Hitler 's Ideas Of World War I Essay

Hitler 's Ideas Of World War I Essay

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Adolf Hitler was persuaded by a man named Karl Haushofer who created the doctrine of Lebensraum stating that “a nation’s power depended on the amount and kind of land it occupied” (Spielvogel 833). Hitler wanted to find this land so the National Socialists could restart where they left off hundreds of years ago, but move from the west and south towards the east (Spielvogel 833). Though Hitler’s ideas of world power were defeated in World War I he still had German Military and the Foreign Office supporting his foreign policy and its goals until 1937.
First, Hitler wished for Germany to the have power to abandon any foreign policy goal while “deciding for anything and need be committed to nothing at all” (Spielvogel 834). Second, Germany will have the will to sustain her people through “peaceful economic means” and “she will participate most decisively in world industry, export and trade” (Spielvogel 834). Third, Germany is to have her national borders restored, as they are insufficient and unsatisfactory to her government and military (Spielvogel 834). Lastly, Germany focuses on her people’s lives through a “clear, far-seeing territorial policy” to which land in the East is accessible and the “naval power” recedes in to the background (Spielvogel 834). These policy goals had the desire to maintain national and folkish requirements, military executional power, and the “enmity of the World War” (Speilvogel 834). Also these policies do not necessarily “conflict with all European great powers” (Spielvogel 834).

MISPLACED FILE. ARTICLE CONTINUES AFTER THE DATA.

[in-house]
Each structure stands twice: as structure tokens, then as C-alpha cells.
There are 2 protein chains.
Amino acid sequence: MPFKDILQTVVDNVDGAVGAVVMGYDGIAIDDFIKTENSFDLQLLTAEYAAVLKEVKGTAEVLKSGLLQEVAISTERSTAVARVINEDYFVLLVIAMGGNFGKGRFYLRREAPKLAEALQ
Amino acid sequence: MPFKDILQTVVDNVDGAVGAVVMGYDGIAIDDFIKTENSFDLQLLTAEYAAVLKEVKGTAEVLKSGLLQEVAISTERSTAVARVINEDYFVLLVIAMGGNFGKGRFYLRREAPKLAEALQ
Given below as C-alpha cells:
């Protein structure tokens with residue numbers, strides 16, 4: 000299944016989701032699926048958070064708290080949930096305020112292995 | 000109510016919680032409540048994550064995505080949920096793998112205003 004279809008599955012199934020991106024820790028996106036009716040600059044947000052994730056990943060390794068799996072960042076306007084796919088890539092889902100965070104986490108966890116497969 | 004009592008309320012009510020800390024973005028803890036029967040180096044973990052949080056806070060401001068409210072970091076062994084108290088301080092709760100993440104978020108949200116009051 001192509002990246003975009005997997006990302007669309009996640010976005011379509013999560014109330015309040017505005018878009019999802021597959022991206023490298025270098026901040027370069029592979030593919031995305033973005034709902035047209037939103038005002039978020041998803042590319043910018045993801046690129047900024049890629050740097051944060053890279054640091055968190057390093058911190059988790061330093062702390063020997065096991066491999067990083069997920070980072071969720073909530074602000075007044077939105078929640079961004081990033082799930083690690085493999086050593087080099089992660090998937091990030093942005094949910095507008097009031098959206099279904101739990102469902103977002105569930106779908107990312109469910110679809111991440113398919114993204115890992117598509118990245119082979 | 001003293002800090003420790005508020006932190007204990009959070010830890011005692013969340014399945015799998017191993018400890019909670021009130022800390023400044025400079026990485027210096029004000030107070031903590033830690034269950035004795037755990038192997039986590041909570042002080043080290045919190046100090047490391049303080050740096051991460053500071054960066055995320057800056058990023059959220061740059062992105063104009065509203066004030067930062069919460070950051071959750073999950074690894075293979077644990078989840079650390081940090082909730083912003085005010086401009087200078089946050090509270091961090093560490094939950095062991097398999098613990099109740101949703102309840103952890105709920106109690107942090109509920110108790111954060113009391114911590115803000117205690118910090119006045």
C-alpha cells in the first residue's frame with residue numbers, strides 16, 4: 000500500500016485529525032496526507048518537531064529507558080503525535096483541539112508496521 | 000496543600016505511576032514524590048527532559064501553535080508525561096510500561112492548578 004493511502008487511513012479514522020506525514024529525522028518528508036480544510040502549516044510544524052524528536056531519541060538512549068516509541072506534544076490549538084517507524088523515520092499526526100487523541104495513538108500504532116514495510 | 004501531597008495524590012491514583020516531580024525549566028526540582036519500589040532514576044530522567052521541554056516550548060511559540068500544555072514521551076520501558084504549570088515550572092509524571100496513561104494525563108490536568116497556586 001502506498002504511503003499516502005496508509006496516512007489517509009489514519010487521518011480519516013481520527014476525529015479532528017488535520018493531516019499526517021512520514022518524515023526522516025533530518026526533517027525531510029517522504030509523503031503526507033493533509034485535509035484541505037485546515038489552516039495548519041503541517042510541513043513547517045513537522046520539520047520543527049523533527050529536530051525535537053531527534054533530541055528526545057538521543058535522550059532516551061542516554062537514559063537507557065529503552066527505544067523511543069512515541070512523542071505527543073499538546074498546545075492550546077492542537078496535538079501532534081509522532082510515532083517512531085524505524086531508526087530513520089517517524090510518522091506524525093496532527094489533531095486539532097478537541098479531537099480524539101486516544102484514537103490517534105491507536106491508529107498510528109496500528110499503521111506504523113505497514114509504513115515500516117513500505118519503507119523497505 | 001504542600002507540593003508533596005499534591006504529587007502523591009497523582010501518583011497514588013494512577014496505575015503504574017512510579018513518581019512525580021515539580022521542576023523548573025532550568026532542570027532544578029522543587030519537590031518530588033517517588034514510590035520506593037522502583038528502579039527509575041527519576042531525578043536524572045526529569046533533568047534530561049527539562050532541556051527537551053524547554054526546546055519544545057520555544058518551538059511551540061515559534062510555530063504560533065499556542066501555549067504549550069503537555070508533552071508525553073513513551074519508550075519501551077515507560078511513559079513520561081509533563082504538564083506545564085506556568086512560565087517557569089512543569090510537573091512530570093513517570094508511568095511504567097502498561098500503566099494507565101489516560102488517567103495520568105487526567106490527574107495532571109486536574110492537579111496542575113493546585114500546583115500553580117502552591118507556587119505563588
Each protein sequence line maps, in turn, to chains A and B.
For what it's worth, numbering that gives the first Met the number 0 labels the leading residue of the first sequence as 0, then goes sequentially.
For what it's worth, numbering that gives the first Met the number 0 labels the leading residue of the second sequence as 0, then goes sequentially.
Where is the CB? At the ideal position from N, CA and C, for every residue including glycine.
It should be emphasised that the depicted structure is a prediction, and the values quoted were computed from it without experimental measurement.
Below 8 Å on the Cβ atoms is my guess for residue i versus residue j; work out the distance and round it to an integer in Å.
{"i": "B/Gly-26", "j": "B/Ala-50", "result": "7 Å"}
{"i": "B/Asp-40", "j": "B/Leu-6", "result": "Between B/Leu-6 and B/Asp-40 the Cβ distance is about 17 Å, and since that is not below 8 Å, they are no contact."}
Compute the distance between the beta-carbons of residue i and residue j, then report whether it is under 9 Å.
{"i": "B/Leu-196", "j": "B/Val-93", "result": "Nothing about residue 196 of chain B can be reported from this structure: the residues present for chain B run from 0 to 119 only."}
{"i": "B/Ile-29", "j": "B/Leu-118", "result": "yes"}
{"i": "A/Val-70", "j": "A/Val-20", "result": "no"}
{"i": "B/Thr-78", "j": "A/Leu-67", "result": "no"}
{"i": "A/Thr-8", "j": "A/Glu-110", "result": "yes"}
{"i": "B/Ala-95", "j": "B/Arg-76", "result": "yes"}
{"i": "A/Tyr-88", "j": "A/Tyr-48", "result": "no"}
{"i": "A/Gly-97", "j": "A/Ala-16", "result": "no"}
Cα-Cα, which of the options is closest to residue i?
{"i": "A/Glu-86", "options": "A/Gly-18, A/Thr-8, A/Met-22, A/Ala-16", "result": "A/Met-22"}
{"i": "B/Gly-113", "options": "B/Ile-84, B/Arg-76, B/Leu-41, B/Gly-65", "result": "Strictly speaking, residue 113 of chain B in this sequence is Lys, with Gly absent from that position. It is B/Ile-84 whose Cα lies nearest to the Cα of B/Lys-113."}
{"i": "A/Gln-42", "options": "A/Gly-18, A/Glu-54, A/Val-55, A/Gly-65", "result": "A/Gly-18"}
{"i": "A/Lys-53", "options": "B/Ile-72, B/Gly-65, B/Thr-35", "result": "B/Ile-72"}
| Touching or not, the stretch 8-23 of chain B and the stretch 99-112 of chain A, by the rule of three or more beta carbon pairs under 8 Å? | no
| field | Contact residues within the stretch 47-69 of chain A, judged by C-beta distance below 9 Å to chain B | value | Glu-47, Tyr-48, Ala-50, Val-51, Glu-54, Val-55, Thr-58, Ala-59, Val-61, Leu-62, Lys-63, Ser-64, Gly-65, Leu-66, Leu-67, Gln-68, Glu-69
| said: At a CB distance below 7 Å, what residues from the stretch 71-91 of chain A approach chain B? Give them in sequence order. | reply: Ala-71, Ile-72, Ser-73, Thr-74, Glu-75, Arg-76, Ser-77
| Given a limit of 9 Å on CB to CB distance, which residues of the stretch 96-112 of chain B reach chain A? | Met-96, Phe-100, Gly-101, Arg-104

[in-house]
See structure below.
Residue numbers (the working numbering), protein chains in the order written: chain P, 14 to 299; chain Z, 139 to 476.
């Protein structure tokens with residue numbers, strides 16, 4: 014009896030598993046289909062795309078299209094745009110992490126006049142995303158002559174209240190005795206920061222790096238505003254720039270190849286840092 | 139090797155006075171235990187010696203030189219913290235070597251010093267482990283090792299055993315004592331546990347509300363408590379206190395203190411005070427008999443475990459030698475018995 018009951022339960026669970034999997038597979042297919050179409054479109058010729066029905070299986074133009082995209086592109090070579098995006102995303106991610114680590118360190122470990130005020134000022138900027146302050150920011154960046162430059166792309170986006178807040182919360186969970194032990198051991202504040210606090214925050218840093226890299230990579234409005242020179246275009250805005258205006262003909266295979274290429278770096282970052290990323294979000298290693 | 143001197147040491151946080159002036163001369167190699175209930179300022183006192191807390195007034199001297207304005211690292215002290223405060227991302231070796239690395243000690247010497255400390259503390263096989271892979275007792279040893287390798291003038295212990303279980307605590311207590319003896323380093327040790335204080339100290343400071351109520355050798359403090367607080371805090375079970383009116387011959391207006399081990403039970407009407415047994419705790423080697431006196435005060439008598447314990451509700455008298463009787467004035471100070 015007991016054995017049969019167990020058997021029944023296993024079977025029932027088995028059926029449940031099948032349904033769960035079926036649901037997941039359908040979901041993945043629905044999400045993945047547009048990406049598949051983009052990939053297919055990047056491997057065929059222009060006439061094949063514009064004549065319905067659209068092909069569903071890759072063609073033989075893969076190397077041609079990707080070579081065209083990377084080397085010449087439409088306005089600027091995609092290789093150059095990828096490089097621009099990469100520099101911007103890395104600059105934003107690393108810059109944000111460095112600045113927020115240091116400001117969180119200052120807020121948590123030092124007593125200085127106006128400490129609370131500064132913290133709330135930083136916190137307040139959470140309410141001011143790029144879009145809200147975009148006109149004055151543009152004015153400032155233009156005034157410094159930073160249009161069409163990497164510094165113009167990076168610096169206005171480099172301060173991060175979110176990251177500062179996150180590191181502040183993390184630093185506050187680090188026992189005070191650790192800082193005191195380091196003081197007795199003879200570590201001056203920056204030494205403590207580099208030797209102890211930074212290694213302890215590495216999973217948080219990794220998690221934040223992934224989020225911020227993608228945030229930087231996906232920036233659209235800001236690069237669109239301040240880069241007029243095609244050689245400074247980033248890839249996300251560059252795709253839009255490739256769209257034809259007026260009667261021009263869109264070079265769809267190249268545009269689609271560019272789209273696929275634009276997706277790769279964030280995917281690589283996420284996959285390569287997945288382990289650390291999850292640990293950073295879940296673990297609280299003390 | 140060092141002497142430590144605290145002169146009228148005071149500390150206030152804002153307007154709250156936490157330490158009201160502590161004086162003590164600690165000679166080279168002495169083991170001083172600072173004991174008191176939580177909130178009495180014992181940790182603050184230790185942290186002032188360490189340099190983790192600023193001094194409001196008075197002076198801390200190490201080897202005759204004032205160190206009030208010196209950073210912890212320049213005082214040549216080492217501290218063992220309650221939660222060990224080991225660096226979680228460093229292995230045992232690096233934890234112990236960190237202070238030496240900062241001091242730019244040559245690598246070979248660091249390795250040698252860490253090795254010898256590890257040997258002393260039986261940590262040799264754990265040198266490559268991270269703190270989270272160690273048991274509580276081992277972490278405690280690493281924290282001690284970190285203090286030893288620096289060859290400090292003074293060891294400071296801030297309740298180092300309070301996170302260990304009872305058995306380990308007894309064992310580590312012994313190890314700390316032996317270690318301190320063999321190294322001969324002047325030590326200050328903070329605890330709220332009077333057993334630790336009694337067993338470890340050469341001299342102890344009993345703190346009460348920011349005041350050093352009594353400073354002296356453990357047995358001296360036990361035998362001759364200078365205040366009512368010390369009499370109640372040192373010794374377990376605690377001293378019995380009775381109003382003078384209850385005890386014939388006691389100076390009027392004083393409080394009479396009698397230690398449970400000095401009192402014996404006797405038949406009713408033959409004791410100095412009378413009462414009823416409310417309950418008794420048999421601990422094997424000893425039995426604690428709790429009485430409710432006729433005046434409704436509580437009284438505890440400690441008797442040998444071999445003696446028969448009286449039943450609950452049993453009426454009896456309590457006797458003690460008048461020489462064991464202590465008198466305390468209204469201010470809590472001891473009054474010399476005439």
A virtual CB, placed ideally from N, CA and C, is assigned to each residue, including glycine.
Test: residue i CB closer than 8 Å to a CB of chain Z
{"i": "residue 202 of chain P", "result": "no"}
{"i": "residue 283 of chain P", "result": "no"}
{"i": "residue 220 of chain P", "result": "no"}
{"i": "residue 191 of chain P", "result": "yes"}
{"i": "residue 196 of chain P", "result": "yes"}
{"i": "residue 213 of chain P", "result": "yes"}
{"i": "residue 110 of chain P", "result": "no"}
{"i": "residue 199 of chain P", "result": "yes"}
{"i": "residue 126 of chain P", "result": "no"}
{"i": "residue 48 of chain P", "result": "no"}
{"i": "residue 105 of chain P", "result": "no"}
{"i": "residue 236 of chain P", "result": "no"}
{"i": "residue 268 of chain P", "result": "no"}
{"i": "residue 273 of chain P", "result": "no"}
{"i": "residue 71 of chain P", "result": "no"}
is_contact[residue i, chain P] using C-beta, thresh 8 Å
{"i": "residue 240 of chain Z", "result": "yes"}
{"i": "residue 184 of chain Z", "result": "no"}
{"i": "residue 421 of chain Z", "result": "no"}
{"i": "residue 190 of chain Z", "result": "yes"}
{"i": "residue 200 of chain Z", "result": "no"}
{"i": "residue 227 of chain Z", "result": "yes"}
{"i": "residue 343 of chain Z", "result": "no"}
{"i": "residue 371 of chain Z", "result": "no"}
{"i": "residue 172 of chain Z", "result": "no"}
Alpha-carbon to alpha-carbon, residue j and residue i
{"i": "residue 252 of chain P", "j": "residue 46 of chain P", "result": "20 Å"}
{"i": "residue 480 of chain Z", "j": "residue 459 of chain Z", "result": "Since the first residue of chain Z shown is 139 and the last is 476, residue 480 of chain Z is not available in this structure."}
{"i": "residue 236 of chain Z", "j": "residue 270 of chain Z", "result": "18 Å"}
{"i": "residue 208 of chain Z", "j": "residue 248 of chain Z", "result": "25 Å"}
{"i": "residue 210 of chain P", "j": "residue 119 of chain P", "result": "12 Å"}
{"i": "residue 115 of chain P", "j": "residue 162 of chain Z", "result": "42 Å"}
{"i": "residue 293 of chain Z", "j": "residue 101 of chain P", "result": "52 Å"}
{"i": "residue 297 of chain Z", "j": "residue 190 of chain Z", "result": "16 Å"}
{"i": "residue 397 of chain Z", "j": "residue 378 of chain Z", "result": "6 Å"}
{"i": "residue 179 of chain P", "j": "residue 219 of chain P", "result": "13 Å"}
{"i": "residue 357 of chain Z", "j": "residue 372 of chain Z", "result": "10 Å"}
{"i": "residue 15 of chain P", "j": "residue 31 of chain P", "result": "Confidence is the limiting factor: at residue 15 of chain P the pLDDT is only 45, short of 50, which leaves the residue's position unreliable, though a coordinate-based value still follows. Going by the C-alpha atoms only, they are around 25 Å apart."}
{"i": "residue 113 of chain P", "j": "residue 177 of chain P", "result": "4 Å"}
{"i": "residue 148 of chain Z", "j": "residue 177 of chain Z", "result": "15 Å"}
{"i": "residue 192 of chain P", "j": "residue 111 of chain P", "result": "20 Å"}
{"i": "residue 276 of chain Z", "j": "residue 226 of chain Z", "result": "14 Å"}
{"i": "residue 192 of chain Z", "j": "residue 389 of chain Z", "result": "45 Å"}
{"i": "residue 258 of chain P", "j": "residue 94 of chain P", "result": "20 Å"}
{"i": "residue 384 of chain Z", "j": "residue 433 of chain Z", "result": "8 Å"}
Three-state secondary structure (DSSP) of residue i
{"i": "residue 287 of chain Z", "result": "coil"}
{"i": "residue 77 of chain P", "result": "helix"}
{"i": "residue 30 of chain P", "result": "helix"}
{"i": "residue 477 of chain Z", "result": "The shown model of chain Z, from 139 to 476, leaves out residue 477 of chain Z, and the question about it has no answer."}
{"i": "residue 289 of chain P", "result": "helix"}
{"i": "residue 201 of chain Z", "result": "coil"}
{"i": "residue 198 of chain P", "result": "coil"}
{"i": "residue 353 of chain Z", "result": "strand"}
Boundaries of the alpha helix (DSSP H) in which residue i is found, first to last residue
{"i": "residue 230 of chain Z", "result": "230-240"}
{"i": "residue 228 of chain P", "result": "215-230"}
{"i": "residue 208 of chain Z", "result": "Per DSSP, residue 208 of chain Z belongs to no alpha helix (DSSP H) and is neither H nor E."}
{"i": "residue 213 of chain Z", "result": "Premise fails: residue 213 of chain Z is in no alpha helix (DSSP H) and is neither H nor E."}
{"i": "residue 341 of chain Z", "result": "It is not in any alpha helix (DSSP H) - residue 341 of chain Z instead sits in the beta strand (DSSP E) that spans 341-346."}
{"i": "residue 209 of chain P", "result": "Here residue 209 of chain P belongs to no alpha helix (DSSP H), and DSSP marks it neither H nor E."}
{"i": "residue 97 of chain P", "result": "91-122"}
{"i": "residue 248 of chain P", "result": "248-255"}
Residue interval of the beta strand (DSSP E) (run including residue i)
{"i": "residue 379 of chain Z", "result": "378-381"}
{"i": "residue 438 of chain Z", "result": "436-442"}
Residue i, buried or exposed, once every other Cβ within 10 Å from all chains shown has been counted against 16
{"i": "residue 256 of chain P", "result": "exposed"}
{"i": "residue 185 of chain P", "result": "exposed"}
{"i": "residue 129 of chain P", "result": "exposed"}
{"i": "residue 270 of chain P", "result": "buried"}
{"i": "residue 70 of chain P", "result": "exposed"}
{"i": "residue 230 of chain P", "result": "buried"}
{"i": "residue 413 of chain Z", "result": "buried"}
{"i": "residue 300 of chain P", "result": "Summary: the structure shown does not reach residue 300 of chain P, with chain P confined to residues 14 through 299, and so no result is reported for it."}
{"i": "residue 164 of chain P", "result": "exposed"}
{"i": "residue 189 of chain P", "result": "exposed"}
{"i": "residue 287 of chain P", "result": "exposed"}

Hitler had spoken in such ways that the policies were not realized to be greater that the goals of Germany in previous generations. The German Military and Foreign Office realized too late that Hitler’s policies wer...

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...ing as much power as they could get their hands on in an attempt to turn the war back in their favor. The Soviets had grown surprisingly since the Battle of Stalingrad and easily defeated Hitler’s “newly developed heavy tanks” at the Battle of Kursk (Spielvogel 847). The pressure of the Allied forces only grew stronger since the Russian campaign and the Battle of Stalingrad. These two events disintegrated Hitler’s ability to achieve the goal set for Germany in World War II.
Hitler attempted global control with a race that was not united. Had “the German race been united in time, it would now be master of the globe today” (Perry 392). British Ambassador, Horace Rumbold, believes now what Germany “needs peace until she has recovered such strength that no country can challenge her without serious and irksome preparations” though such a day may never come (Perry 392).

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